YouTube has introduced a new online tool that will provide locals with a measure of how well their data connection handles YouTube videos. The web tool, called YouTube Video Checkup, measures connection speed and stability to provide a ranking based on telco performance in a specific location.
The YouTube video tool derives a score by aggregating recorded connections across all Android devices in a specific area. Those curious about the scoring and ranking methodology will be able to directly view it on the video checkup page. There’s quite a bit of transparency in the methods; although it may fly over the heads of regular consumers who are more concerned with the bottom line. Essentially, a score of 3.5 stars or higher is necessary to stream HD video without buffering.
Interestingly, the video checkup ratings will be capped at four out of five stars at launch. According to Google, the highest ratings are being reserved videos that require a better connection than HD video. Essentially waiting for 4K and VR content to become more widespread before allowing ISPs to reach the top scores.
Users will also have access to heatmaps which show where the best connections for streaming YouTube videos are. This relies on having many individuals accessing YouTube from a mobile device, or else the algorithm will not display a result. While Google has not presented a necessary threshold for data, the company admits that there will be gaps in its map where there are not enough YouTube users to create meaningful information.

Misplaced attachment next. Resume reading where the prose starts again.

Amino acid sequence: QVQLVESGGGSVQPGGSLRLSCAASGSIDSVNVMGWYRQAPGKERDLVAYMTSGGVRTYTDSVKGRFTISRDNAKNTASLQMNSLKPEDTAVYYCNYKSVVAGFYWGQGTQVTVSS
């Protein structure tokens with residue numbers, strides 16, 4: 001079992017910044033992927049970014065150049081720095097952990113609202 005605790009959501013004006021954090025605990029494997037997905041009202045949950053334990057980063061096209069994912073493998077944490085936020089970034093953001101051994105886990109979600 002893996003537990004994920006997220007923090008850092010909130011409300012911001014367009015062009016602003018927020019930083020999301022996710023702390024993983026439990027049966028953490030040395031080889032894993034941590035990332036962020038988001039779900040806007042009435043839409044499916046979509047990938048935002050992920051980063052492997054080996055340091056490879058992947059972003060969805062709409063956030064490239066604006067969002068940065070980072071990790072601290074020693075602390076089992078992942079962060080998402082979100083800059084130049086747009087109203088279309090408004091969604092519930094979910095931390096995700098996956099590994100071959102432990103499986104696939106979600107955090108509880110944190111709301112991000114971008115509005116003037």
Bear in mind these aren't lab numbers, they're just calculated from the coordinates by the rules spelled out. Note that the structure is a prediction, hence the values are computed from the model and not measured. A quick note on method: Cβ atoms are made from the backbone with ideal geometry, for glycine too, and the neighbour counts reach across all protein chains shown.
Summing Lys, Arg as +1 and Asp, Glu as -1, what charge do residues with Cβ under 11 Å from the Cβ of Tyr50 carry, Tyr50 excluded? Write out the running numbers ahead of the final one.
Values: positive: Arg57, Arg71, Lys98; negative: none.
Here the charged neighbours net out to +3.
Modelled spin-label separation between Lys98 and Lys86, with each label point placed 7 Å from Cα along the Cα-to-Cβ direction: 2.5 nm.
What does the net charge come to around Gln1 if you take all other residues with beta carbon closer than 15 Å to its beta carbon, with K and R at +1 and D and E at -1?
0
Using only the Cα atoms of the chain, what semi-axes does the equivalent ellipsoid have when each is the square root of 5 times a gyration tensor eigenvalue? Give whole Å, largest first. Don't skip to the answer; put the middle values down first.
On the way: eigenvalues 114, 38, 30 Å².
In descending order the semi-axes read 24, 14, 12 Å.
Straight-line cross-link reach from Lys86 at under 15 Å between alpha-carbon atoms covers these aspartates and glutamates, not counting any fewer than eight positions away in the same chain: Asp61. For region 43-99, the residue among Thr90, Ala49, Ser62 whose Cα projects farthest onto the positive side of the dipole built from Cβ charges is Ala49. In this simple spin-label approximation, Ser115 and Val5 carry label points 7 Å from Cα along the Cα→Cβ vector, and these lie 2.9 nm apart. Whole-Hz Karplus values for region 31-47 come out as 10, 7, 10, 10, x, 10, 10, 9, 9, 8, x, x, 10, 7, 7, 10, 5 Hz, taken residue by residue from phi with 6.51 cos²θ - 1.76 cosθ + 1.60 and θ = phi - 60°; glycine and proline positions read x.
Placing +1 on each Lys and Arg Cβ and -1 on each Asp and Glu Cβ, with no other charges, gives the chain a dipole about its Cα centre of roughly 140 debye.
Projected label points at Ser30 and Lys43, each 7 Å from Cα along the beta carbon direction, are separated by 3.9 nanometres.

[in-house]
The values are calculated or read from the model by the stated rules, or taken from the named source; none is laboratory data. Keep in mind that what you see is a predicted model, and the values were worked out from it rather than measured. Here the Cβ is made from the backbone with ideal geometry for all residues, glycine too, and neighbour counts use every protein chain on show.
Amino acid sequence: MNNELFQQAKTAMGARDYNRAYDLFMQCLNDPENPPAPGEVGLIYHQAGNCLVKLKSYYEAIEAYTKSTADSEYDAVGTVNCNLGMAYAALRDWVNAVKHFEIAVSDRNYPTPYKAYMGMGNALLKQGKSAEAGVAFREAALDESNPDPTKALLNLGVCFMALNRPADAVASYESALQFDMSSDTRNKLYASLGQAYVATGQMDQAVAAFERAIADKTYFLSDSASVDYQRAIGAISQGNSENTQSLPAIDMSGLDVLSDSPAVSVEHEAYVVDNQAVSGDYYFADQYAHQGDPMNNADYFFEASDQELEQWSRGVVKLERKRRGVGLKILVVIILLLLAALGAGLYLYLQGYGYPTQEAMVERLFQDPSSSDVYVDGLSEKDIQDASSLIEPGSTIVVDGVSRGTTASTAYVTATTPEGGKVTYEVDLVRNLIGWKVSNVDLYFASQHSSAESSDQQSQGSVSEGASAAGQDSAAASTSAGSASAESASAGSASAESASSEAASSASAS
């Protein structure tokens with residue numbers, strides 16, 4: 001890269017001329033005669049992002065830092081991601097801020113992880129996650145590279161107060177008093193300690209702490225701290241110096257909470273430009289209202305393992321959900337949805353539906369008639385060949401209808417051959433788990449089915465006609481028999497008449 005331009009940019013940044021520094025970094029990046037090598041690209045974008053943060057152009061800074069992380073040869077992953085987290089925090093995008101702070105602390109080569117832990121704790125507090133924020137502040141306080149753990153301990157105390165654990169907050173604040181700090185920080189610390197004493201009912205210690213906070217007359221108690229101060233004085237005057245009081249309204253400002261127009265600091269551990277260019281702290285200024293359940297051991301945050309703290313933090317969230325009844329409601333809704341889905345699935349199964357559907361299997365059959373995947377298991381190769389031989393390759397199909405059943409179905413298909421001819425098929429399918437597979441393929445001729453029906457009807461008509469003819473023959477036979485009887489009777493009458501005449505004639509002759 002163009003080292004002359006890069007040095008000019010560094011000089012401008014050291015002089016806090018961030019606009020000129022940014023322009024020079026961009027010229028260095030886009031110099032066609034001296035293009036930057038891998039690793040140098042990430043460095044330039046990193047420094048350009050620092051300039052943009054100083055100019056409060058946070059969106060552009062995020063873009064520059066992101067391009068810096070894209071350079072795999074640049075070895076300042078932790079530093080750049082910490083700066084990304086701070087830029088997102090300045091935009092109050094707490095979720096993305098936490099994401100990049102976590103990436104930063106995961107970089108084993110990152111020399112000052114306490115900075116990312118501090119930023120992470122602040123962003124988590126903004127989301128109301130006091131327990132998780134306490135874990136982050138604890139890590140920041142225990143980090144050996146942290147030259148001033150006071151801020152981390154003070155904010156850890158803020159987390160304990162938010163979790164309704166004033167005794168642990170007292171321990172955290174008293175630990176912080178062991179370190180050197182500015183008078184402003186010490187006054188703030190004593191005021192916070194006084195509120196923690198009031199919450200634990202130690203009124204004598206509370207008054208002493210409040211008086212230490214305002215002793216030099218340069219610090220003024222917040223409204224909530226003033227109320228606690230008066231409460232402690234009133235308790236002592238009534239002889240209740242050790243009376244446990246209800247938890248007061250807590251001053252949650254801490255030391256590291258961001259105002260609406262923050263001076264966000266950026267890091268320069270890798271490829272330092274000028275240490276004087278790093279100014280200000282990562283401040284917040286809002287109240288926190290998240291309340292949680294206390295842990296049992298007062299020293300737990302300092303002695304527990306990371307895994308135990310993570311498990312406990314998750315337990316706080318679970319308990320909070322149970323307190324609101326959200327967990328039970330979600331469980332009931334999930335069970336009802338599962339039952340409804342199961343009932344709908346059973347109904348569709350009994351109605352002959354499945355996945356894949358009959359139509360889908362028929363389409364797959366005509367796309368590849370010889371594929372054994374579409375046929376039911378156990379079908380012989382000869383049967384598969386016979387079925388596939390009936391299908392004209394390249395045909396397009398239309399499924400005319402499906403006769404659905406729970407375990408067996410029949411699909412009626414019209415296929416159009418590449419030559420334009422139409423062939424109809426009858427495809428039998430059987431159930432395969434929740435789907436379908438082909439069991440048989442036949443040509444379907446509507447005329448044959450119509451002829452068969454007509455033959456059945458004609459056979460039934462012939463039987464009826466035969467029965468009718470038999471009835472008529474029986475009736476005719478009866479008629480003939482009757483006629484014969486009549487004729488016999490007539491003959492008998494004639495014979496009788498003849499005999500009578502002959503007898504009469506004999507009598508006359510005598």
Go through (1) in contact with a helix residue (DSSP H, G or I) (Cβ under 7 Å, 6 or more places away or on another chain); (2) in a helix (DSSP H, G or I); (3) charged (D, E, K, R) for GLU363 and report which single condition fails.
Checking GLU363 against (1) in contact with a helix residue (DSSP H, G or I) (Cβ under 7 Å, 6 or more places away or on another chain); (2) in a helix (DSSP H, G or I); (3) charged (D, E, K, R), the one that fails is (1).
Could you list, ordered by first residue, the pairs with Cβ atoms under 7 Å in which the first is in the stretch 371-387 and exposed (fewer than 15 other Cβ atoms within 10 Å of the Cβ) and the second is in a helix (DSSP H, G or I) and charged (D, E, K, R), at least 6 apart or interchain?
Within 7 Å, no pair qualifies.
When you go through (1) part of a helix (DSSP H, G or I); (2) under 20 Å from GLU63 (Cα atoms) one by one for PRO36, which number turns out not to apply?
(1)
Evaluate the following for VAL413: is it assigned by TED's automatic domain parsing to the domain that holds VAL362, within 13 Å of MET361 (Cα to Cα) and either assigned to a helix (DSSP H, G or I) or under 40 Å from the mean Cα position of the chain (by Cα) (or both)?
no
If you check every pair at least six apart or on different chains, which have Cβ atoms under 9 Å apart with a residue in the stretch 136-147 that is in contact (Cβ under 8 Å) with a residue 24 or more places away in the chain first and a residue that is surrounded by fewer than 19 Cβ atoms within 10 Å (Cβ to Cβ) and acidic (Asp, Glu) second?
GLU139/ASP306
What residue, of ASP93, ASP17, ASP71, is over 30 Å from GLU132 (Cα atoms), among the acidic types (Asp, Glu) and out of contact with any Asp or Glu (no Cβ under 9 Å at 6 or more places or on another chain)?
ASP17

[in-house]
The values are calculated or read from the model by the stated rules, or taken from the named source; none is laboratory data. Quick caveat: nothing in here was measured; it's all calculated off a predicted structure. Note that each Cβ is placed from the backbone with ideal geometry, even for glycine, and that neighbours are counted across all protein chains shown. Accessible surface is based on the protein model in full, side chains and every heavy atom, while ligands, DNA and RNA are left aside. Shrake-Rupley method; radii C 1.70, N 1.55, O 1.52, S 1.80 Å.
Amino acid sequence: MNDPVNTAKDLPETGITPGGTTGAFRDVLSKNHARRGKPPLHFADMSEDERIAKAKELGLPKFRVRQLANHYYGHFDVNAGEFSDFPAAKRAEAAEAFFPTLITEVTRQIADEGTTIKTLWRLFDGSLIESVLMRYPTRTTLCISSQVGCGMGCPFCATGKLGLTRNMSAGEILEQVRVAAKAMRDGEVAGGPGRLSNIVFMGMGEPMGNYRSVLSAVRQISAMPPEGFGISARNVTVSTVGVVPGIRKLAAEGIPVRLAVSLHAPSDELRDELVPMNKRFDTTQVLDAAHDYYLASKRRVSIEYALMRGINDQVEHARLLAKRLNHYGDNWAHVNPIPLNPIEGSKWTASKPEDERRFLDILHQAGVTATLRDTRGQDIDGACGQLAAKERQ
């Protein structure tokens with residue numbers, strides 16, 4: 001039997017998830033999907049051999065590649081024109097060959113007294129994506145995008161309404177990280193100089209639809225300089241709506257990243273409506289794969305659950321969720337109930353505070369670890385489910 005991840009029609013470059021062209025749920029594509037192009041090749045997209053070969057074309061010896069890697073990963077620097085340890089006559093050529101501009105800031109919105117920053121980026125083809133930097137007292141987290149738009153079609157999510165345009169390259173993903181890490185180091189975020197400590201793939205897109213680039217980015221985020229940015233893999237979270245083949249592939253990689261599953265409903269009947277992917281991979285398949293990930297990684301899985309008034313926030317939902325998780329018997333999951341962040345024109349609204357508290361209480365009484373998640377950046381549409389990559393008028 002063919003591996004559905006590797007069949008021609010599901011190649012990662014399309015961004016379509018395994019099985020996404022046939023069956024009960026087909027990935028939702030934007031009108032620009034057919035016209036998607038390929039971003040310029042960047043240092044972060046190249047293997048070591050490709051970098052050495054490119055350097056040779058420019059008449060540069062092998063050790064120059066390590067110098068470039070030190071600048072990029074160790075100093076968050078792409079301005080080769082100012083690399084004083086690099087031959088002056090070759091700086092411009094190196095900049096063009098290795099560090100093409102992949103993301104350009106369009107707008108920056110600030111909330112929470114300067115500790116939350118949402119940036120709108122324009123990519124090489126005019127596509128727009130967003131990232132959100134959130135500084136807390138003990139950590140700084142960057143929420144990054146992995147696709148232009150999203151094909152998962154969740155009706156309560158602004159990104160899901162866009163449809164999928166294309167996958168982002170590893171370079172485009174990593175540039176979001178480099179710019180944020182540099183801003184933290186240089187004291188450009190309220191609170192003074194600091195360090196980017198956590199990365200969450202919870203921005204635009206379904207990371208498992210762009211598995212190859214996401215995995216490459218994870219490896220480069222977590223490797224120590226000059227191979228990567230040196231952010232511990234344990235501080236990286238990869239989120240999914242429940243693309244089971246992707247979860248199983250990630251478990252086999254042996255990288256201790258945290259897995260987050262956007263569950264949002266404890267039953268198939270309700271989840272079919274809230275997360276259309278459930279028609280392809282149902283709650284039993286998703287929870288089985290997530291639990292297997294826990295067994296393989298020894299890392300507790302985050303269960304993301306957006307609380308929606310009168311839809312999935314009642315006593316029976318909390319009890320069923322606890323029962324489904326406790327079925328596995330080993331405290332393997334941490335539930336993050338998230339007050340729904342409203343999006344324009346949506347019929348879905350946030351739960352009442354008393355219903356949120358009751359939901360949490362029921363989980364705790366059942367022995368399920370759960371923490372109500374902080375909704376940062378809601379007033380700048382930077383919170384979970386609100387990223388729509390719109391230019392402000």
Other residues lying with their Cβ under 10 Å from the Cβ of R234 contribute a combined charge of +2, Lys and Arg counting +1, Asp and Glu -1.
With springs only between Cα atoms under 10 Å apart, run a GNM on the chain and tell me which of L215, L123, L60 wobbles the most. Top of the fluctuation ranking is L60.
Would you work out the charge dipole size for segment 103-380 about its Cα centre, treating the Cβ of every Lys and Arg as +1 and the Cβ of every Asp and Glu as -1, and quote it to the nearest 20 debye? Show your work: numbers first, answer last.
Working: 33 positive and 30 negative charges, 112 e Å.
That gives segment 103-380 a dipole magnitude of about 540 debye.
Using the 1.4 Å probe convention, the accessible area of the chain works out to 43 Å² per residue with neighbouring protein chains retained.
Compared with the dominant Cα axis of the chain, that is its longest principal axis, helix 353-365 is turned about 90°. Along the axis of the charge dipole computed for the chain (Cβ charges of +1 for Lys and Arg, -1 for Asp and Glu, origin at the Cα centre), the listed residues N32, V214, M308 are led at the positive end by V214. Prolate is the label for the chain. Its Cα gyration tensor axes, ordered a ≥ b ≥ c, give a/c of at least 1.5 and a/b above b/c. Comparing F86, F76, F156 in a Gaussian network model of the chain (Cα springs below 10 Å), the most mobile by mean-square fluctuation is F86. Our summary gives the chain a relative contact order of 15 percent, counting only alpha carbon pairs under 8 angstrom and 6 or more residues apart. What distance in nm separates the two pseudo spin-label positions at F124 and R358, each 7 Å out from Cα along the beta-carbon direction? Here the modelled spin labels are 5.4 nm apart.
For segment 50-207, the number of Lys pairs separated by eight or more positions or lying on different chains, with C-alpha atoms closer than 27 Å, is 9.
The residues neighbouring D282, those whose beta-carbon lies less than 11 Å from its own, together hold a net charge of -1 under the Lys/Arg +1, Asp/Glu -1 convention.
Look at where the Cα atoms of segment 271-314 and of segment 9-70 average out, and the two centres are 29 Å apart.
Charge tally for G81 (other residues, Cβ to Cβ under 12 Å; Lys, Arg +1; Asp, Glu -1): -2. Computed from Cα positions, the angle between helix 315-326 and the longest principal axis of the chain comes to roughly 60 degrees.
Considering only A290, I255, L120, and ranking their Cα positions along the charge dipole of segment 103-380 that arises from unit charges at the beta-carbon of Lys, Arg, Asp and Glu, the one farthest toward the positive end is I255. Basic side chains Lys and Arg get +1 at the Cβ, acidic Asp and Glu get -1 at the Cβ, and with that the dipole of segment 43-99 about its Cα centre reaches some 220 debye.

Information gathered from YouTube video checkup is not only meant for consumers, but is also shared with telcos. The idea is that provides mobile ISPs with additional information about their own network performance. Google also has a more detailed version of the YouTube heatmap for telcos to examine.
An option to report poor network performance through the Video Checkup tool is apparently also in the roadmap for this new service.
This information is not static either. The scores displayed are aggregated over a 35 day period; making allowances for dips in quality due to unforeseen circumstances. It also provides a more generic idea of what to expect from streaming YouTube.
Ideally, the YouTube Video Checkup exists to provide consumers with an idea of what to expect while streaming. Google’s own metrics show that Malaysians tend to place speed and consistency over video quality; which affects how the scores of the checkup have been calculated.
However, it was stressed that this is not a precise display of the quality of a telco’s network. Instead, the tool specifically deals with the network performance in relation to using the YouTube mobile app.
The YouTube Video Checkup is exclusive to Malaysia for now. Google Malaysia has partnered with Celcom, Digi, Maxis, and U Mobile to provide the data, although it says that it may expand the number of partners in the near future. The local exclusivity is due to the ease of dealing with the telcos; which is apparently something uncommon in the world.